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NEW RIVER COALFIELD - MISC.

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Coal camp houses along Ragland Road near Beckley are left over from Ragland Coal Company's Ragland Mine, which operated from 1920 until 1925. It probably closed because the price of coal crashed at that time due to overproduction. This Ragland, W.Va. is not to be confused with the other Ragland, W.Va. coal camp in Mingo County. (Aug. 2014 image by author)


Vintage picture of the coal tipple that was at Oswald, WV. (Image courtesy of Walter Caldwell)


Oswold, W.Va. coal camp. (Image by Red Ribble)


Mine ruins between Price Hill and Oswold - possibly from McKell Coal and Coke Company's Sidney Mine. (Image courtesy of WVDEP AML Program)


These company-built homes at Mabscott, Raleigh County, are literally right up against the Beckley city limits, behind Melton Mortuary. Call it a coal camp suburb. (October 2001 image by author)


What's left of the coal camp of Ames, Fayette County. The residences, built by the Ames Mining Co., are on the plateau and the mine itself was down in the New River Gorge. (February 2002 image by author)


These concrete piers were the foundations for the Garden Ground tipple, built in 1940 by the New River Company on property they acquired from the McKell Estate. A Sewell seam mine, Garden Ground closed in 1961. (December 2004 image by author)


Part of the Weirwood coal camp near Pax, WV. (Image by author)


The rail depot in Oak Hill, built in 1903 and restored by the White Oak Chapter of the National Railroad Historical Society in the early 2000s. It was built by the White Oak Railroad, which was later owned by the Virginian Railway. Thus this is the last Virginian depot in WV. (October 2006 image by author)


This railroad trestle at Dothan, on the border of the New River and Kanawha Coalfield, WV illustrates why the Virginian Railway was an engineering masterpiece. (July 2008 image by author)


Rick contributed this picture of an old mine fan he found near Ragland Road near Beckley. (Image courtesy of Rick Burgess)


An old mine car and rails sitting on the edge of Beckley (near Woodrow Wilson High School). (Image courtesy of Rick Burgess)


Wingrove, WV coal tipple. (Image courtesy of Walter Caldwell)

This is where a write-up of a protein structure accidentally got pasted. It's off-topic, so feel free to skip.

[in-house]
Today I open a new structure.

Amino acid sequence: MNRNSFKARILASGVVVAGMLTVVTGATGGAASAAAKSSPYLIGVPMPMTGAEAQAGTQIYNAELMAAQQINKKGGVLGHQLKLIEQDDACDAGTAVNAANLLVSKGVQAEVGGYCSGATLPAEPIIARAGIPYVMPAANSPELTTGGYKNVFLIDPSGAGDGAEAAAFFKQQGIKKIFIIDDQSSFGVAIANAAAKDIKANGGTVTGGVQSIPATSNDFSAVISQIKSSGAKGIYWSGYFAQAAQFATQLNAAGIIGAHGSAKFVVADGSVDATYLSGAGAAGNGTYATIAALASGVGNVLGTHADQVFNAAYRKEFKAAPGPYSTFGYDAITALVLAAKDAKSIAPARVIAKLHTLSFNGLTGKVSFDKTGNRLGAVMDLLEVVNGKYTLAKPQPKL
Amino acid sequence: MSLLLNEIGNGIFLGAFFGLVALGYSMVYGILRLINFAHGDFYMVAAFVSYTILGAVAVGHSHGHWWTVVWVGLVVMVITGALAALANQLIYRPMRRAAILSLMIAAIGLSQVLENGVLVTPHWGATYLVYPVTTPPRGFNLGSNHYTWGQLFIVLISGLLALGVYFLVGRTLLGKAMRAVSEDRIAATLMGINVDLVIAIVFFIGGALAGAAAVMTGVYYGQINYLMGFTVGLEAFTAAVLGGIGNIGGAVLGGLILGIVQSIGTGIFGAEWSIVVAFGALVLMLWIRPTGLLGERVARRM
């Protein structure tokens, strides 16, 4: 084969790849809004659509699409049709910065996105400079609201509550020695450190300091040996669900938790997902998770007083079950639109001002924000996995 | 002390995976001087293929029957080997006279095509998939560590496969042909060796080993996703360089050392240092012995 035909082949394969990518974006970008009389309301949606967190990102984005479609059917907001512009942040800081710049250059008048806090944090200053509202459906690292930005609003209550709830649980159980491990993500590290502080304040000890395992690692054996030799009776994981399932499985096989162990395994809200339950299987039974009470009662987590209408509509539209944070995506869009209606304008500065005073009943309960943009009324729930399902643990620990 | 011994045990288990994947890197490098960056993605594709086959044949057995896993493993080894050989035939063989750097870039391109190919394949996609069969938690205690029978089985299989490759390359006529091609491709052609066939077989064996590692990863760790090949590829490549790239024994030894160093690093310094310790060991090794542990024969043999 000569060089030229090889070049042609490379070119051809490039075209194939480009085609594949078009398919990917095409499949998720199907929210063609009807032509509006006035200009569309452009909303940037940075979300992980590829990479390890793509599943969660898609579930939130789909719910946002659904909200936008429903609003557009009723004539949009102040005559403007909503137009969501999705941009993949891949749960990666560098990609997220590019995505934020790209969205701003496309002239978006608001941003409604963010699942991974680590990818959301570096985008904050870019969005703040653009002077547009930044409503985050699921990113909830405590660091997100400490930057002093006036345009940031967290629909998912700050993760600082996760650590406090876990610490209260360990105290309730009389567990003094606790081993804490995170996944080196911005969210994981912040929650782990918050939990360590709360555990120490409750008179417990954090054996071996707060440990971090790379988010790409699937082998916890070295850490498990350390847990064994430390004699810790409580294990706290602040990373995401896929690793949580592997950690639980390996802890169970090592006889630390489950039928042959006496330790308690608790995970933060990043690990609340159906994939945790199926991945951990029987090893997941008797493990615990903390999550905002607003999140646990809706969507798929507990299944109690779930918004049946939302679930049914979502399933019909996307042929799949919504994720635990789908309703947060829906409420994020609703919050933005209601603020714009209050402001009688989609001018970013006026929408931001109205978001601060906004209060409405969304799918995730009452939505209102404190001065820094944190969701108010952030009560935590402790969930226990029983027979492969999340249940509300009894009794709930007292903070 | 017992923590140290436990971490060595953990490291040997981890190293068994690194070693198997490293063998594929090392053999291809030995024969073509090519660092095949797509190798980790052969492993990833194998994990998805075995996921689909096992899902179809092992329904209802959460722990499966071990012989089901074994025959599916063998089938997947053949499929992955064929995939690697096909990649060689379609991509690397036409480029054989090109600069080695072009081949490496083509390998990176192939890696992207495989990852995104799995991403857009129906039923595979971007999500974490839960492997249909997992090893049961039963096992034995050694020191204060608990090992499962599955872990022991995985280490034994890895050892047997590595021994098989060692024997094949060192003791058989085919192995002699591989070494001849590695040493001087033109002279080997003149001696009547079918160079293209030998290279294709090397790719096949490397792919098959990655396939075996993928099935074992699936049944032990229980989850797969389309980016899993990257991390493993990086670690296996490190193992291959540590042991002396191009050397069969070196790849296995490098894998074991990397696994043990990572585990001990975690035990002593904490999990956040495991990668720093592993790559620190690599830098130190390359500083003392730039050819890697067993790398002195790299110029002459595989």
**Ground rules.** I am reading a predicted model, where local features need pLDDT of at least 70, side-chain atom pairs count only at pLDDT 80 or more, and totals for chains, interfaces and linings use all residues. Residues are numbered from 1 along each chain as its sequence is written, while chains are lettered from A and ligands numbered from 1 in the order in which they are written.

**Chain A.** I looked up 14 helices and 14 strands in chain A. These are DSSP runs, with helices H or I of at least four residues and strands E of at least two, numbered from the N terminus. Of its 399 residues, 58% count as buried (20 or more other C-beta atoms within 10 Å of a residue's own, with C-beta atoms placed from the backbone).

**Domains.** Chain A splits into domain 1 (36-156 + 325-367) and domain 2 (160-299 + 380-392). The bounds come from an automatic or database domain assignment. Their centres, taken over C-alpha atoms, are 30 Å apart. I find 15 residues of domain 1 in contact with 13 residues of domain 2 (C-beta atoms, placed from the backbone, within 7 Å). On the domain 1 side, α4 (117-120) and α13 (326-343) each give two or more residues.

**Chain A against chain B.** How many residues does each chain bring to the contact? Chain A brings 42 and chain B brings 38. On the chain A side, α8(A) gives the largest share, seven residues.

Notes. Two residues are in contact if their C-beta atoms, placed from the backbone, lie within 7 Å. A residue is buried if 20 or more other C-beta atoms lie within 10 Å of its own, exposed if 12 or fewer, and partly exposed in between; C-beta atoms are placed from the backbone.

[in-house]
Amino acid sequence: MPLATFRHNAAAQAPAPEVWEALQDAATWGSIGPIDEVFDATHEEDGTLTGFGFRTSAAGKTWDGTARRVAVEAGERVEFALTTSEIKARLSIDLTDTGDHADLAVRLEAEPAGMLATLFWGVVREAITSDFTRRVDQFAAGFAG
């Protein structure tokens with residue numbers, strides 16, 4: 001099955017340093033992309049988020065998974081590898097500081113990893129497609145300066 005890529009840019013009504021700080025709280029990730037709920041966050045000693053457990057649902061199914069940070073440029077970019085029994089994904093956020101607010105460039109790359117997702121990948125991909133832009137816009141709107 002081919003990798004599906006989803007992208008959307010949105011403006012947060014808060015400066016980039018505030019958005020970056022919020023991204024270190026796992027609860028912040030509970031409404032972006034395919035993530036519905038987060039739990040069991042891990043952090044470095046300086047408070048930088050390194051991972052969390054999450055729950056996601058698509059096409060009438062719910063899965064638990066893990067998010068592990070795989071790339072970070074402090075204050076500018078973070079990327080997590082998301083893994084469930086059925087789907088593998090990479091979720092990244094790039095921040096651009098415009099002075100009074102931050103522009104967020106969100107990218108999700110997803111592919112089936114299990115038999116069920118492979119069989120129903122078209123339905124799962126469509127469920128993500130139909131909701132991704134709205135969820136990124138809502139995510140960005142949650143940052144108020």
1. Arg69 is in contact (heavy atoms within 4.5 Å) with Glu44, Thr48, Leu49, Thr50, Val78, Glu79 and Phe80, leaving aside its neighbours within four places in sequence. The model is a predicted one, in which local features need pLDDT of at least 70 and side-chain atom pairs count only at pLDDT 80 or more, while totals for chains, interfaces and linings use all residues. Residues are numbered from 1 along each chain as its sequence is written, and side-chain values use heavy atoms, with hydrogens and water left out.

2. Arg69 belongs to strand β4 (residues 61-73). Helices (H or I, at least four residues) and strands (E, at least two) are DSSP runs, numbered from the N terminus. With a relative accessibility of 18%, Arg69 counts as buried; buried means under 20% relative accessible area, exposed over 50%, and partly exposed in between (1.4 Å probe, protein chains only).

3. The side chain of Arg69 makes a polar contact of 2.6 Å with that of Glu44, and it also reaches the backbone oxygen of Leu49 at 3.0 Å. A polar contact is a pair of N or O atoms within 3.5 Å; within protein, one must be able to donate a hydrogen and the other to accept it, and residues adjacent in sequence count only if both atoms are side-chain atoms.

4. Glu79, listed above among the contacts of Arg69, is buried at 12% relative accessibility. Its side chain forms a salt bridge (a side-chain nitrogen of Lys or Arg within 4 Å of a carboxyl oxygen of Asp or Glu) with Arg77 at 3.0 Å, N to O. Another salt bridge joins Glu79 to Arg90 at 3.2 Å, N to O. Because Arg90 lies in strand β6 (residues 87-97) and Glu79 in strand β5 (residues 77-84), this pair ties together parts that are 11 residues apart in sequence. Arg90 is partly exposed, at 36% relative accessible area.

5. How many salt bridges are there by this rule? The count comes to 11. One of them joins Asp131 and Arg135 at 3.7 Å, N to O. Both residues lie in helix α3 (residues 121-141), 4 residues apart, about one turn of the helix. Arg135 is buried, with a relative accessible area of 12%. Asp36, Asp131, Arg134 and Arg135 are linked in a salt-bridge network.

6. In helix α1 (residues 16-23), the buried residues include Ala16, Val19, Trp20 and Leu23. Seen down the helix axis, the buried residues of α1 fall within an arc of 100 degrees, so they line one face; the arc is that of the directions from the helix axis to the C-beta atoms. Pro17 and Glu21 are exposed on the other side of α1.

Ruins of the Newlyn coal camp. I once had an elderly neighbor who grew up in Newlyn. She told me that her mother used to ask her to walk down to Thurmond to retrieve their mail, and the mother instructed her to turn her head and not look at the beer joints and saloons on the "South Side" of Thurmond. (Apr. 2015 image by author)


Incline and tipple at Meadow Fork, WV on Dunloup Creek. Evidently a small coal town accompanied this mine. The current location of Meadow Fork is where the yellow painted line disappears on the road to Thurmond. A few tipple foundations and a really cool wooden trestle that served the mine are all that remains. (Chesapeake & Ohio Railway image via Google Books)


Almost no trace remains from the Meadow Fork coal mine or mining camp, but here are the moss-covered railroad ties still at the Meadow Fork tipple siding. (Dec. 2013 image by author)


At the southern edge of the New River Coalfield is this street of coal camp houses in Daniels, WV. The street is even named "Camp Street." The original portions of the homes are outlined in red, as several of them have had substantial additions. They were built by the Very Top Seam Coal Co.in 1917 to house the workers of their Very Top Seam coal mine. The mine transported its coal down their own short line railroad with a Climax locomotive to connect with the end of the C&O branch that went from Raleigh to the Blue Jay and Ritter lumber camps. This Beckley seam coal mine was opened at the height of the World War I coal boom, and like another ephemeral Raleigh County coal camp - Viacova Smokeless Fuel Company's Viacova mine - a small group of homes were quickly constructed, and coal was mined for 5 or 6 years before the mines were exhuasted and/or the coal market collapsed. (Image by others)


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